How Airlines Are Shifting MRO Strategies 

Sound lifecycle cost planning means assessing a huge range of technical operational and financial factors related to aircraft.
Credit: Credit: Finnair / Twitter

The pandemic has caused cash-strapped airlines to resort to emergency measures in aircraft maintenance as in other areas of operations. But how much will airline MRO really change when the pandemic is over and recovery well under way?   

In IAG’s annual report for 2020, CEO Luis Gallego said the group had to take swift and decisive actions to conserve cash and reduce its costs. “Additionally, we are converting where we can fixed costs to variable costs to more closely reflect levels of demand in the market.” He gave as a possible example changing part of IAG’s fixed prices for fleet maintenance to “power-by-the-hour” arrangements.

The group declined to comment further about what types of maintenance flight-hour contracts might cover, or whether they might replace in-house work or outsourced work currently done under more rigid contracts.

In contrast, Finnair has increased its in-house maintenance during the pandemic and does not expect to increase outsourcing or shift to flight-hour contracts in the future. VP Technical Operations Juha Ojala does not expect any major changes in base maintenance over the long term either. “We already have a strong partnership for all aircraft fleets we operate. This partnership may even deepen as the traffic will ramp-up.” 

Short-term, part of Finnair’s fleet is in long-term storage so it has rescheduled some base maintenance events. The carrier has also simplified line maintenance, concentrating more work at its hub in Helsinki and making its outstations more flexible because Ojala thinks that during recovery changes in Finnair’s operating network will be very quick, with only short notice of new requirements.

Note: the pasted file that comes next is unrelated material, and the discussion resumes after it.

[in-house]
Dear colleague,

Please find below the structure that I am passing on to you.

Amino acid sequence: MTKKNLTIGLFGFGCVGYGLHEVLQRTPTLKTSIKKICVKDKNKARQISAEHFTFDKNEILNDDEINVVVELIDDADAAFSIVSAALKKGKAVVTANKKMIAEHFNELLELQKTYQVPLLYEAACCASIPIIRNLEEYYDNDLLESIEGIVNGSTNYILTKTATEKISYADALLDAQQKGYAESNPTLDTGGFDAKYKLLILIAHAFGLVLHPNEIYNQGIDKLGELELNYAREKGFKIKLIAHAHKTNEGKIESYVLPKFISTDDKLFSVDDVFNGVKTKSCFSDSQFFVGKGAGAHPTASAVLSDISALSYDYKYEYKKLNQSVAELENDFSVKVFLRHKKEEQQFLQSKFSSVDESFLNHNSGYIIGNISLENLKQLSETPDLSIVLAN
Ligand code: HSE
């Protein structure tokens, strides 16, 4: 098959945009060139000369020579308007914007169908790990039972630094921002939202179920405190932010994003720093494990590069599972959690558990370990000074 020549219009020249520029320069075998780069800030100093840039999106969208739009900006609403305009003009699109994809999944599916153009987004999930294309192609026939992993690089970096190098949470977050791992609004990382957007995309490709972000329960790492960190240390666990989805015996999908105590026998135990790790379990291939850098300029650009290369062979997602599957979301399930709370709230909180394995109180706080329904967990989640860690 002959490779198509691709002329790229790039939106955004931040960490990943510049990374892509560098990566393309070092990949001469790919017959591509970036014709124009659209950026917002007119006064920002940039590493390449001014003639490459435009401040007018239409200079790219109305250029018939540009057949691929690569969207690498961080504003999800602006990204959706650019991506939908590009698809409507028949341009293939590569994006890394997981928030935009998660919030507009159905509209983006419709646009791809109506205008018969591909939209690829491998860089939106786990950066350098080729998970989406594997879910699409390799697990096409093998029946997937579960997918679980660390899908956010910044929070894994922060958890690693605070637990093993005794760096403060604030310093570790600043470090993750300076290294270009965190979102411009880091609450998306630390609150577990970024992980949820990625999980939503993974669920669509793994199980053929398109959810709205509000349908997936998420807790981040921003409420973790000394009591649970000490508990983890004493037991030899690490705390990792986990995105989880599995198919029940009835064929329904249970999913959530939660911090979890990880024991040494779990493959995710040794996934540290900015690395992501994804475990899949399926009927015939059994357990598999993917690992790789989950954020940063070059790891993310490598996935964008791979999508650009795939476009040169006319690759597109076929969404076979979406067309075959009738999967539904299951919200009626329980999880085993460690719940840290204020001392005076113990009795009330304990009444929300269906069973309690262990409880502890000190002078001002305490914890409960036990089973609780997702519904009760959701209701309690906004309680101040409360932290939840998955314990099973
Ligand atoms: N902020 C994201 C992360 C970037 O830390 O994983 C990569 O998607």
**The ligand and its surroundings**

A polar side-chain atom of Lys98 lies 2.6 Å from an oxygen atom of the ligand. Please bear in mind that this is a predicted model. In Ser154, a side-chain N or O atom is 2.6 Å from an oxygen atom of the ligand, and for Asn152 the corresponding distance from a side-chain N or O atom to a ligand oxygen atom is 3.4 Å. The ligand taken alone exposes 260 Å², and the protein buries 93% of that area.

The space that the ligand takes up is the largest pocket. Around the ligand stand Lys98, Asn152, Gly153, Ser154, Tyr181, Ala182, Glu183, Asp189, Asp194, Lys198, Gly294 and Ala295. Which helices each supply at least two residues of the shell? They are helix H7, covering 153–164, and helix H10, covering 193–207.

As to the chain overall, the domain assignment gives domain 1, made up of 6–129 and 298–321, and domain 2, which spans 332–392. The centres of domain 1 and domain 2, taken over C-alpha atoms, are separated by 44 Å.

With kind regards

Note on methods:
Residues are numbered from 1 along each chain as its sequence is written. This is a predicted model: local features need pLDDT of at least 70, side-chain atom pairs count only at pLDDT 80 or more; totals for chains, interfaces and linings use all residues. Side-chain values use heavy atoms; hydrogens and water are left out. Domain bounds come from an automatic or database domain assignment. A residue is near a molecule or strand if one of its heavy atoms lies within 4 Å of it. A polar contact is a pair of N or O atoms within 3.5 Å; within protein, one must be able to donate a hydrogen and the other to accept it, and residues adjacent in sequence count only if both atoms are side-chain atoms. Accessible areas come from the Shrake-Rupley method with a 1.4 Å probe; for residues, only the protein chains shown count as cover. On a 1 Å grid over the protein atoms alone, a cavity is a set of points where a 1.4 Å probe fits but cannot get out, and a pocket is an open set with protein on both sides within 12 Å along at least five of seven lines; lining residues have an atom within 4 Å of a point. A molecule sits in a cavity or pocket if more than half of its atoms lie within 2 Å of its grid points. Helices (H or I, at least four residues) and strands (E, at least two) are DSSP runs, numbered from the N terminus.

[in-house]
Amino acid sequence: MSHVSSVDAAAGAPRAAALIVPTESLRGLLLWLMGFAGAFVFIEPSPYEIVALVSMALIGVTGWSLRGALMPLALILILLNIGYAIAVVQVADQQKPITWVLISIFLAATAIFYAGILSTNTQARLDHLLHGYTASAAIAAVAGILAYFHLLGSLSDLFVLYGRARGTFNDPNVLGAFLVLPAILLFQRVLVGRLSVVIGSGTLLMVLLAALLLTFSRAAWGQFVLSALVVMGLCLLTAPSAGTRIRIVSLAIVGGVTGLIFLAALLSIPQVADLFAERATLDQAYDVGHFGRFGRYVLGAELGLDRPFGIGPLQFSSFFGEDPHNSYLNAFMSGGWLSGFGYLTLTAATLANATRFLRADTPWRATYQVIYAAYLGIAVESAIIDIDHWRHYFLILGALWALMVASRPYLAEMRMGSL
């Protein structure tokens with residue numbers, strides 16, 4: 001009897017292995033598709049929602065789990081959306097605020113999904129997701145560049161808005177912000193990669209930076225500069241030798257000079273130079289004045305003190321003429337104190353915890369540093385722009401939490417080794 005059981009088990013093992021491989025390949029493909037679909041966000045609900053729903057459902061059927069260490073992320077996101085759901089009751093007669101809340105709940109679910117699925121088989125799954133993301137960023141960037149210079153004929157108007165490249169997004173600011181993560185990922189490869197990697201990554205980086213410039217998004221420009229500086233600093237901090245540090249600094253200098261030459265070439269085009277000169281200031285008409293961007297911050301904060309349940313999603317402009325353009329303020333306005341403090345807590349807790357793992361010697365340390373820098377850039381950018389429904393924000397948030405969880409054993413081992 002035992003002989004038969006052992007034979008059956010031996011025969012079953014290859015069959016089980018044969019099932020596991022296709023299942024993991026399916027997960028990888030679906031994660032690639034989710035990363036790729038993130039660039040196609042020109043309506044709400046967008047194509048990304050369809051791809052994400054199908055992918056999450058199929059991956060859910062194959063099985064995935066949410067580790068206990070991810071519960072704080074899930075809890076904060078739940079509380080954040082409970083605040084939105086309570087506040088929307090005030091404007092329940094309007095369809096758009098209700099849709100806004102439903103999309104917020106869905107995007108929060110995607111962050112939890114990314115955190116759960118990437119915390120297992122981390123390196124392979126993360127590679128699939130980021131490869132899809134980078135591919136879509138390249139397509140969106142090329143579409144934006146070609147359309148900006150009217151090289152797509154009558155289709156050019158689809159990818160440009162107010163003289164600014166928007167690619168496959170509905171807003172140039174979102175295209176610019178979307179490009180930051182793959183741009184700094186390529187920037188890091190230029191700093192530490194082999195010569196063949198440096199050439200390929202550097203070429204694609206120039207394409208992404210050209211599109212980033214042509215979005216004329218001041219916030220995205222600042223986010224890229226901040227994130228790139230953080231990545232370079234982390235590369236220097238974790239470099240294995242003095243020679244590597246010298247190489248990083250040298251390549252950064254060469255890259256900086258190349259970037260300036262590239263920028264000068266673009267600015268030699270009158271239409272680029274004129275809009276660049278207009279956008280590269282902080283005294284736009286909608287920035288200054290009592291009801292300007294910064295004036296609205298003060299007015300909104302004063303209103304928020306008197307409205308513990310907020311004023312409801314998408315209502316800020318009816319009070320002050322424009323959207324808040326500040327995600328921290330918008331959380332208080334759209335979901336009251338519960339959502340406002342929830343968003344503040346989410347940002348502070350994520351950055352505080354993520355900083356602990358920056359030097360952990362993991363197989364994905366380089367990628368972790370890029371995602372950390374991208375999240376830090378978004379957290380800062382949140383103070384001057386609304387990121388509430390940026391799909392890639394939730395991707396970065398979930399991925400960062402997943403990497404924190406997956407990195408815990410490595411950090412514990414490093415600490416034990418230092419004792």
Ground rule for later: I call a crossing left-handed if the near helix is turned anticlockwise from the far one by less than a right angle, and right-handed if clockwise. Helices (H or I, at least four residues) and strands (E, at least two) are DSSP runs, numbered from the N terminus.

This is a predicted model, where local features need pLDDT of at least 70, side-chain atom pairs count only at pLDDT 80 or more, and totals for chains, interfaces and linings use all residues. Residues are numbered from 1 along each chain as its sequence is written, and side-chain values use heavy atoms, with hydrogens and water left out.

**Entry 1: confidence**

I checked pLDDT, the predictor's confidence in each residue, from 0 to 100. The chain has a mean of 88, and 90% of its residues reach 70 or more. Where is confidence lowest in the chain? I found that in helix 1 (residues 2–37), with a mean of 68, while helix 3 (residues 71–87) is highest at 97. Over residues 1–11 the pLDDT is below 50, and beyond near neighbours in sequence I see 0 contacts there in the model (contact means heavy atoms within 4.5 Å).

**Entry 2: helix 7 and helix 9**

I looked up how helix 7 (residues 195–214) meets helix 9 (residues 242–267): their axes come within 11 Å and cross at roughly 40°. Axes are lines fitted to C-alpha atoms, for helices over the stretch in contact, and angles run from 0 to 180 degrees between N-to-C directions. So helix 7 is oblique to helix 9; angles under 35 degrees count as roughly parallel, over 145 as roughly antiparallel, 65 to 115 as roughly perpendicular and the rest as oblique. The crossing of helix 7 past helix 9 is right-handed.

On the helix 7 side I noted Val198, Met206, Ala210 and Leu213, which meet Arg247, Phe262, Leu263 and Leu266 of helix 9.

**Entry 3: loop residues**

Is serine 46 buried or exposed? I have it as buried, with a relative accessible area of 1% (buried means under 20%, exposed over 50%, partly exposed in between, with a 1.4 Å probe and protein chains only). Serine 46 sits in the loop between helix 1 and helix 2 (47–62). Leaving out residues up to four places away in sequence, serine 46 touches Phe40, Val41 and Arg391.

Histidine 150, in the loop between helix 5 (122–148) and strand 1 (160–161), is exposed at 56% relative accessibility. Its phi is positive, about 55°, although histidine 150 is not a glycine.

Short term, the majority of the engine heavy shop visits have been postponed until new schedules are established.

Some of Finnair’s non-flying parked aircraft will be dismantled, generating more spare components, and more spares will generally be available in the market. “This is reshaping business models at least in short to mid-term, up to five years,” Ojala says. For example, Finnair is dismantling one of its Airbus A319s, and its components and parts will be reused or kept as spares.

All this has meant that Finnair has new opportunities to insource some MRO work. In addition to line maintenance, it has done more of the fleet modifications that used to be performed during C checks. Finnair mechanics have modified three A330s for cargo carriage of COVID products such as face masks and surgical gloves.

The airline also has increased its component maintenance capabilities as the component market changes.

Long-term, engine maintenance depends on future fleet plans. For older fleets, there will be more green time optimization and avoidance of excess investments. Engines on new fleets usually have long-term arrangements, often power-by-hour contracts. 

Ojala says a deeply integrated MRO supplier network will increase in importance over the long term. “The focus will be more on understanding the end-to-end process where all suppliers are seamlessly linked together.” He predicts Integration will be supported by digital solutions. And post-crisis, Ojala would like to see better contingency planning for things going wrong.

But the Finnair exec does not see any big long-term changes in his in-house work versus outsourcing.